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Tom Kacich is a columnist and the author of Tom's Mailbag at The News-Gazette. His column appears Sundays. His email is tkacich@news-gazette.com, and you can follow him on Twitter (@tkacich).

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In July 1921, work got underway in Urbana on a plan to sell stock to build a downtown hotel that would match the accommodations for visitors to nearby cities.

Less than three years later, in January 1924, the Urbana-Lincoln Hotel opened at the corner of Green Street and Broadway Avenue.

In July 2021, work is underway to renovate the newly renamed hotel and reopen it in time for its 99th birthday.

The Hotel Royer is a nod to the Urbana-born architect who designed a host of local buildings, including the Champaign County Courthouse, the Illinois Traction Building, the Alpha Rho Chi fraternity house in Champaign, the Urbana Free Library and more.

“We wanted to pay homage to Joseph Royer, who designed the original hotel building and other structures in Champaign-Urbana,” said Haaris Pervaiz, a director at Icon Hospitality, the Chicago-based firm that will develop and own the refurbished hotel.

Interior demolition work and reroofing of the entire hotel structure has begun, Pervaiz said, and will soon be followed with exterior work and a gutting of much of the interior. The goal is to complete the work in late 2022.

It will be branded as a Hilton Tapestry Collection hotel, a group that includes more than

55 refurbished hotels in the United States and overseas. There will be 130 guest rooms and 8,000 square feet of meeting space in the hotel, Pervaiz said.

“I see this project as the first step in the revitalization of the 16-acre Lincoln Square site,” Urbana Mayor Diane Marlin said. “There are 100 years of memories associated with this historic hotel in the heart of downtown Urbana. People came here to celebrate life’s milestones — weddings, anniversaries, graduations, proms, promotions — and we look forward to creating the next 100 years of memories.

“It opened as the Urbana-Lincoln in 1924 and will reopen as the Hotel Royer, a fitting tribute to the prolific work of Urbana’s architect, Joseph Royer.”

The latest rebirth of the hotel, now on its fifth name, has not been without its problems. Icon bought the property for $1 million in January 2020 and had intended to start work on it last year but was delayed by COVID-19 and its effect on the hospitality industry.

That narrative parallels the story of the original Urbana-

Lincoln in the 1920s. Although organizers sold more than $223,000 in stock subscriptions (about $3.3 million in today’s dollars) to finance the project — each subscriber got a red, white and blue poster that could be displayed in their window that read “We have bought stock in Urbana’s new hotel” — that proved to be insufficient.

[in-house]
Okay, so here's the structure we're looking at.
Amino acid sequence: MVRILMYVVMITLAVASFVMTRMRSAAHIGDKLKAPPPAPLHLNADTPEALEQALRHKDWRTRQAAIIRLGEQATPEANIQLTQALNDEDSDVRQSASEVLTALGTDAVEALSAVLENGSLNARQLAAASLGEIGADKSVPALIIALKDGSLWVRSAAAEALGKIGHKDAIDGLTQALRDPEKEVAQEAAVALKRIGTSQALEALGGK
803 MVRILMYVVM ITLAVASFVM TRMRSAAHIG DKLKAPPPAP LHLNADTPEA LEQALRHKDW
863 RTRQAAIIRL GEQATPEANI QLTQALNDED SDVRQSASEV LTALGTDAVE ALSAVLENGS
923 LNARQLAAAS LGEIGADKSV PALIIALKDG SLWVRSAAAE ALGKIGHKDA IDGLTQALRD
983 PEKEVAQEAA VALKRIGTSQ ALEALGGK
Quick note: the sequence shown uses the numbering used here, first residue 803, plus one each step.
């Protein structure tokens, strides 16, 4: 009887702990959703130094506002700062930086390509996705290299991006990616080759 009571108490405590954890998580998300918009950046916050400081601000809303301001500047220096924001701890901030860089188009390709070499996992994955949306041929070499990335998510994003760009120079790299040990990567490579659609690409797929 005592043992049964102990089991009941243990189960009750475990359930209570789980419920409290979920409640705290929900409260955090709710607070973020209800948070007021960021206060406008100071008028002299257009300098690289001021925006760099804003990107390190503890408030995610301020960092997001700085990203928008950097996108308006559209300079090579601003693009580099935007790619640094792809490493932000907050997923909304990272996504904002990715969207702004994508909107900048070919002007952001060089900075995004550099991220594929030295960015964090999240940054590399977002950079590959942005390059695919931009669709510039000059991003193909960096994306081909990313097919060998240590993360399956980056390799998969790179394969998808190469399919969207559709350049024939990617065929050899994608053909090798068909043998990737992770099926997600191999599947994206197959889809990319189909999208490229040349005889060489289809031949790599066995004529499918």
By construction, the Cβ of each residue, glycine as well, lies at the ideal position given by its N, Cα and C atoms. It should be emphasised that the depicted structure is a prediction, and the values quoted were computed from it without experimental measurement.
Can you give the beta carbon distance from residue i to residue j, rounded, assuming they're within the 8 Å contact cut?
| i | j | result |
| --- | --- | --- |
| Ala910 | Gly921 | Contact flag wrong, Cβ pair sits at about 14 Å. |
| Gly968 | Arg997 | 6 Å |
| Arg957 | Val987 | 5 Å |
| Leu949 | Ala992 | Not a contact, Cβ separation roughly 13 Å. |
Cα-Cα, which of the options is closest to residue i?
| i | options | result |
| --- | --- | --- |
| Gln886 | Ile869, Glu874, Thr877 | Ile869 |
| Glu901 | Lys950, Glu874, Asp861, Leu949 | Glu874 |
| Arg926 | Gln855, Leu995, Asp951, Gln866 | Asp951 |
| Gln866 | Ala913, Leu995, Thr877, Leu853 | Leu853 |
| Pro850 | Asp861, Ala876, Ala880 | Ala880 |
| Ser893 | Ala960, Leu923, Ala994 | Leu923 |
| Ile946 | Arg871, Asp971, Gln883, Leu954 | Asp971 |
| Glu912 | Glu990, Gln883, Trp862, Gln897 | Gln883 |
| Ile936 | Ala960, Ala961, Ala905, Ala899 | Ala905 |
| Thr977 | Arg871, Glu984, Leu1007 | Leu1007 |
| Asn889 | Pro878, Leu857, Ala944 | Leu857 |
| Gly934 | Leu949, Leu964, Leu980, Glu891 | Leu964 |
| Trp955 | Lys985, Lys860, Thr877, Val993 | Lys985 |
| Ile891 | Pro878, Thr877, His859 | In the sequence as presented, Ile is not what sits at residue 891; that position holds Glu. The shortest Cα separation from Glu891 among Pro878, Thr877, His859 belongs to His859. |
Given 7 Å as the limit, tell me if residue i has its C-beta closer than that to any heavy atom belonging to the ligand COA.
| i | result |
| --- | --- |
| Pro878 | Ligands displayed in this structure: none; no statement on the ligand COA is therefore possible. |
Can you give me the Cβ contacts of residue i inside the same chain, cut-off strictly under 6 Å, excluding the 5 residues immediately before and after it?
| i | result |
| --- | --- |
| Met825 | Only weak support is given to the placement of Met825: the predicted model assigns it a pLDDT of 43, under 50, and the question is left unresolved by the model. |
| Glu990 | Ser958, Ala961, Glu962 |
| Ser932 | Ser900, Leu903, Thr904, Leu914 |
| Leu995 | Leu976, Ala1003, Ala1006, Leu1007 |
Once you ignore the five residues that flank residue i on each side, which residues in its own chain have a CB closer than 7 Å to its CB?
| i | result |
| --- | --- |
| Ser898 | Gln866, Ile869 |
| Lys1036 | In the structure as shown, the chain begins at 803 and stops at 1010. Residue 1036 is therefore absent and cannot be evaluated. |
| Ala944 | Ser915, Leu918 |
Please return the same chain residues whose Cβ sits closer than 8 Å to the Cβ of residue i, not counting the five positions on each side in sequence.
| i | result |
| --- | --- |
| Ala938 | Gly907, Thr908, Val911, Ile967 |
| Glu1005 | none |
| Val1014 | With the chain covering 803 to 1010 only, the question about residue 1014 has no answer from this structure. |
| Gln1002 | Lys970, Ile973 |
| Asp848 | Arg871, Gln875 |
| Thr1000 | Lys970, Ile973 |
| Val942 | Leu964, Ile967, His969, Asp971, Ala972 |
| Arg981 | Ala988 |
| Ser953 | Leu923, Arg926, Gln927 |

Two mortgages, one for $82,000 ($1.2 million today) and another for $25,000 ($370,000 today), were required. Then came the Great Depression and the 1936 bankruptcy of the hotel’s owners, the Urbana Hotel Co.

The hotel remained open through the downturn, but its owners didn’t pay off all its debts until December 1949, 25 years after it opened. New owners took over in 1954, leading to the hotel’s two best decades.

But it closed in 1975, only to reopen in 1977 when Peoria hotelier James Jumer bought it, refurbished it in a German style, built an addition onto the original structure and made it part of his chain of central Illinois hotels. But Jumer’s filed for bankruptcy in 1999.

The hotel has had a succession of owners and names since. But Icon Hospitality, with the assistance of more than $5 million in city funds, plans to restore it to close to its original exterior look.

The agreement with the city permits Icon to be reimbursed for $5.5 million of eligible project expenses upon completion of the project to be operated within the Tapestry Collection by Hilton, said Marlin.

The hotel will meet standards set by the Illinois State Historic Preservation Office and will obtain a Certificate of Appropriateness from Urbana’s Historic Preservation Commission for the building’s exterior plans.

The city will issue a bond and anticipates repayment over a 10-year period with revenue from hotel/motel taxes, food-and-beverage taxes, its boutique hotel tax and tax-increment-financing district revenue.

Pervaiz said care will be taken to make the exterior and much of the interior of the 2022 Royer look like the 1924 Urbana-Lincoln.

“The exterior structure, all the brick and masonry and millwork, will look much like it did originally,” Pervaiz said. “We’re going to upgrade the entryway to the hotel so that it will be a very lively, eclectic experience when guests enter and are greeted by our staff in the restored lobby.

“The public spaces will very much cherish the history of the hotel while guest rooms are getting a complete re-imagining.”

At one time, it was estimated that the total cost to rebuild and refurbish the hotel would be close to $20 million. Pervaiz said he didn’t want to offer a fresh estimate.

“There are a lot of moving parts still,” he said. “But it will be many, many millions.”

Tom Kacich’s column appears on Sundays in The News-Gazette. He can be reached at kacich@news-

gazette.com.

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